Between victory and peace: Unravelling the paradox of hope in intractable conflicts

Maor Shani*, Jonas R. Kunst, Gulnaz Anjum, Milan Obaidi, Oded Adomi Leshem, Roman Antonovsky, Maarten van Zalk, Eran Halperin

*Corresponding author for this work

Research output: Contribution to journalArticlepeer-review

Abstract

Previous research on group-based hope has predominantly focused on positive intergroup outcomes, such as peace and harmony. In this paper, we demonstrate that hope experienced towards group-centric political outcomes, such as a victory in a conflict and defeating the enemy, can be detrimental to peace. In Study 1, conducted among Israeli Jews, hope for victory over the Palestinians was uniquely associated with more support for extreme war policies, whereas hope for peace generally showed the opposite associations. In Study 2, we replicated these results among Muslim Pakistanis regarding the Pakistan–India dispute. Notably, in both Studies 1 and 2, only hope for victory significantly predicted personal violent extremist intentions. In Study 3, conducted with a representative sample of Israeli Jews, we found three latent profiles of hope: victory hopers, peace hopers, and dual hopers (hoping for both peace and victory). Finally, in preregistered Study 4, we longitudinally investigated how hopes for victory and peace changed from a relatively calm period in 2021 to the Israel–Hamas War of 2023, utilizing a Bivariate Latent Change Score analysis. Increases in hope for victory during the highly intense war explained the increase in support for violence. We discuss implications, limitations, and directions for future research.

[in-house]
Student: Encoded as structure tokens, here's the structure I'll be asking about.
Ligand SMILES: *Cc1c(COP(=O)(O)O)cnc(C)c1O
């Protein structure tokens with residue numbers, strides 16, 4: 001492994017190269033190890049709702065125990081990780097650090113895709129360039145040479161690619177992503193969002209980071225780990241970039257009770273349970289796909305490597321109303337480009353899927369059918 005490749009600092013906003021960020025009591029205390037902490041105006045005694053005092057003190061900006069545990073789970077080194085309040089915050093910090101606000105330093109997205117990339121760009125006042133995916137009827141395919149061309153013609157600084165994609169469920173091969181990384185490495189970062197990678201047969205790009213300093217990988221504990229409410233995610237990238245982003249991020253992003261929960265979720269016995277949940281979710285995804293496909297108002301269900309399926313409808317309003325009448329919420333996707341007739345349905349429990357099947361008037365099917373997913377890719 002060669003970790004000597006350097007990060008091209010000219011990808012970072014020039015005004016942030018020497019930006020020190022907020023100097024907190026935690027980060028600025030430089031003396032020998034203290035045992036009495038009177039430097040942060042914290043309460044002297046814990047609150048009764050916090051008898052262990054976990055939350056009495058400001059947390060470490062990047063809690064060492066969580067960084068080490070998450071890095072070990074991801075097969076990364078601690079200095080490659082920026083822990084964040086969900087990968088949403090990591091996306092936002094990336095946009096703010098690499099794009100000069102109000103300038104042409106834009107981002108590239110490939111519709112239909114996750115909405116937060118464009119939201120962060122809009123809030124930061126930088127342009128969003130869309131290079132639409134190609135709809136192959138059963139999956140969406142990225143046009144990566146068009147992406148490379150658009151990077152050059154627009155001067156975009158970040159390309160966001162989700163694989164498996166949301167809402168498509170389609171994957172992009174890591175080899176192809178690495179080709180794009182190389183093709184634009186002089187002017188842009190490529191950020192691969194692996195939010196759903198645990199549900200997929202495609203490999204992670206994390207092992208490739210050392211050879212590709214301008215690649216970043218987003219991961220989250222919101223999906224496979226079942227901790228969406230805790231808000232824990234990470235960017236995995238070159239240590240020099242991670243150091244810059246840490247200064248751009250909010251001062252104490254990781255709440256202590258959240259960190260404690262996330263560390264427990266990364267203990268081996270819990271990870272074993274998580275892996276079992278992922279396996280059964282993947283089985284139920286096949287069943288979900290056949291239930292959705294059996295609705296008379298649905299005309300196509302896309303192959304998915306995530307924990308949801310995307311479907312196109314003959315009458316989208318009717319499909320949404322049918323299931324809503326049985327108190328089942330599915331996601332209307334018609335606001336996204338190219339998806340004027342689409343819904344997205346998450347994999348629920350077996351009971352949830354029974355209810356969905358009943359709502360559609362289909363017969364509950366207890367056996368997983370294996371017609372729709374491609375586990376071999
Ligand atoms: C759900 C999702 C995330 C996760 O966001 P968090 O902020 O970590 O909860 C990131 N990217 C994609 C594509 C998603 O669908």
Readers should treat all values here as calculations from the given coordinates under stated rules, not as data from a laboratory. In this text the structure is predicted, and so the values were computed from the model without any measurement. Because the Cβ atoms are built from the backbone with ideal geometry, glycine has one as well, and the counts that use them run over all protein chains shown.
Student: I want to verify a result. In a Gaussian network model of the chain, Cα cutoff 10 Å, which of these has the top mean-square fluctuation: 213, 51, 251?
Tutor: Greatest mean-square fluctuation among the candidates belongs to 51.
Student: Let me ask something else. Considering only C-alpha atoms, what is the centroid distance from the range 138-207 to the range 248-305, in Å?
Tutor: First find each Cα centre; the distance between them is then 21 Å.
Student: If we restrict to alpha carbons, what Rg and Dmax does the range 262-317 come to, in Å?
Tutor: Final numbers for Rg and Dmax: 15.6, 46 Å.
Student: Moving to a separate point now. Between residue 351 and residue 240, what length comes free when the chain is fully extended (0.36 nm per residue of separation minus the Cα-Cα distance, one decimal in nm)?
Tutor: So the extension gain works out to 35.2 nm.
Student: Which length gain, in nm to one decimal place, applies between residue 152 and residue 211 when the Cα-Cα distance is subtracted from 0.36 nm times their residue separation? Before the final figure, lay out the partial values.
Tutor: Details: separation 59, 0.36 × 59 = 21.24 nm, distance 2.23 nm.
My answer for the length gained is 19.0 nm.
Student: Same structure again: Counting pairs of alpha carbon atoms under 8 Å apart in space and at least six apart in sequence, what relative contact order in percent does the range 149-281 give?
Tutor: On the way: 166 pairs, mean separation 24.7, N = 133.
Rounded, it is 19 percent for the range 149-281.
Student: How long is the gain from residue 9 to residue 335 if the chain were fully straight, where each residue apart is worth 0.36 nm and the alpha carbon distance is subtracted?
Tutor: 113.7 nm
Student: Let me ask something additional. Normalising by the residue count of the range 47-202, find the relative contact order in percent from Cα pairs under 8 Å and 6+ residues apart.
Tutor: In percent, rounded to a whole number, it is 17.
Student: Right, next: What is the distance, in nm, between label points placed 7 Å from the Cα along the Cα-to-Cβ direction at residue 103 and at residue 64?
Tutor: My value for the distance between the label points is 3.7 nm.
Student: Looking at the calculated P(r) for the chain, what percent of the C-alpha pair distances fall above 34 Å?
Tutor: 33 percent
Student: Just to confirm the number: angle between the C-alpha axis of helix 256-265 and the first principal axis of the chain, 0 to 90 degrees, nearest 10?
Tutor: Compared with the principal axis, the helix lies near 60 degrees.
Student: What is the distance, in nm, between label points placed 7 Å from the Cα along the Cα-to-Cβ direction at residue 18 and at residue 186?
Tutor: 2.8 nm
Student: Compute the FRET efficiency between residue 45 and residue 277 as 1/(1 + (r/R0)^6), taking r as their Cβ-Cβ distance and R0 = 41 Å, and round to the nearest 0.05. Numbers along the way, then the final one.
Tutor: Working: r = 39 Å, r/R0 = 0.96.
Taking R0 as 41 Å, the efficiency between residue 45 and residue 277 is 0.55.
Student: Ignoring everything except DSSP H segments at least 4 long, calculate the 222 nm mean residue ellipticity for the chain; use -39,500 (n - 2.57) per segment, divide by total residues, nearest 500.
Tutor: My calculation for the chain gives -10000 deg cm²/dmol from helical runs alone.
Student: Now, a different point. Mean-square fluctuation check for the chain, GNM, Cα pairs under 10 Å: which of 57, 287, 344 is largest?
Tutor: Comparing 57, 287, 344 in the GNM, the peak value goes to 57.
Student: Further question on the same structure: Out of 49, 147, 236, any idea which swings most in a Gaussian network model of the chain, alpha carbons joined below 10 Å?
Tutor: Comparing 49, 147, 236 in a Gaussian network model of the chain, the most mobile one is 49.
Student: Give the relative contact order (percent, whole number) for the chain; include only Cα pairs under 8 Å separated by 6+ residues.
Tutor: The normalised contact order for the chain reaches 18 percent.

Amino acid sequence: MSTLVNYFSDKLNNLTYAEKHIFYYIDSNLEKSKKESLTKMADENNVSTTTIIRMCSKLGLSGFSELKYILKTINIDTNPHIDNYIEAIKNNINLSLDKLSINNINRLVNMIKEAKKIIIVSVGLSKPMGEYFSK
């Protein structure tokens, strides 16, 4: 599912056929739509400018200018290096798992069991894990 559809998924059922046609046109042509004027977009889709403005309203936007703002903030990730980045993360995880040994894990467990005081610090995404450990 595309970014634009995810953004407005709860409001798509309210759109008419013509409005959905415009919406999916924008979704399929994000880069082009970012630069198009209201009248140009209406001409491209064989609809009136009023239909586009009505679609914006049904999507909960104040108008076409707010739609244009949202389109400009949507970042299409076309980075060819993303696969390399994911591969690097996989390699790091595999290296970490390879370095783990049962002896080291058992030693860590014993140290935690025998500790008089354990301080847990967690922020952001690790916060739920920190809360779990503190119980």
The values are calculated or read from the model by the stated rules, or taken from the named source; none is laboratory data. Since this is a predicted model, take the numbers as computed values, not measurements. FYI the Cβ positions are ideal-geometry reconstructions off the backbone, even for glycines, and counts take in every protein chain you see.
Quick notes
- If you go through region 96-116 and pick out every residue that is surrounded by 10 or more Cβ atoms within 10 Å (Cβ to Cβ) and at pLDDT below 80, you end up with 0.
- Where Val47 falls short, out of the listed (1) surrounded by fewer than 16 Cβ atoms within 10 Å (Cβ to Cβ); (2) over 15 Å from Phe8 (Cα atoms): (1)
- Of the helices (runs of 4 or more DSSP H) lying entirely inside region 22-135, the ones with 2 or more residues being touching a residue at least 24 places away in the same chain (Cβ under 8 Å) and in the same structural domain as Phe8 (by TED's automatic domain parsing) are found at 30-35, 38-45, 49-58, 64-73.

Original languageAmerican English
JournalBritish Journal of Social Psychology
DOIs
StateAccepted/In press - 2024

Bibliographical note

Publisher Copyright:
© 2024 The Authors. British Journal of Social Psychology published by John Wiley & Sons Ltd on behalf of British Psychological Society.

Keywords

  • group-based hope
  • intergroup conflict
  • intractable conflicts
  • political extremism
  • violence

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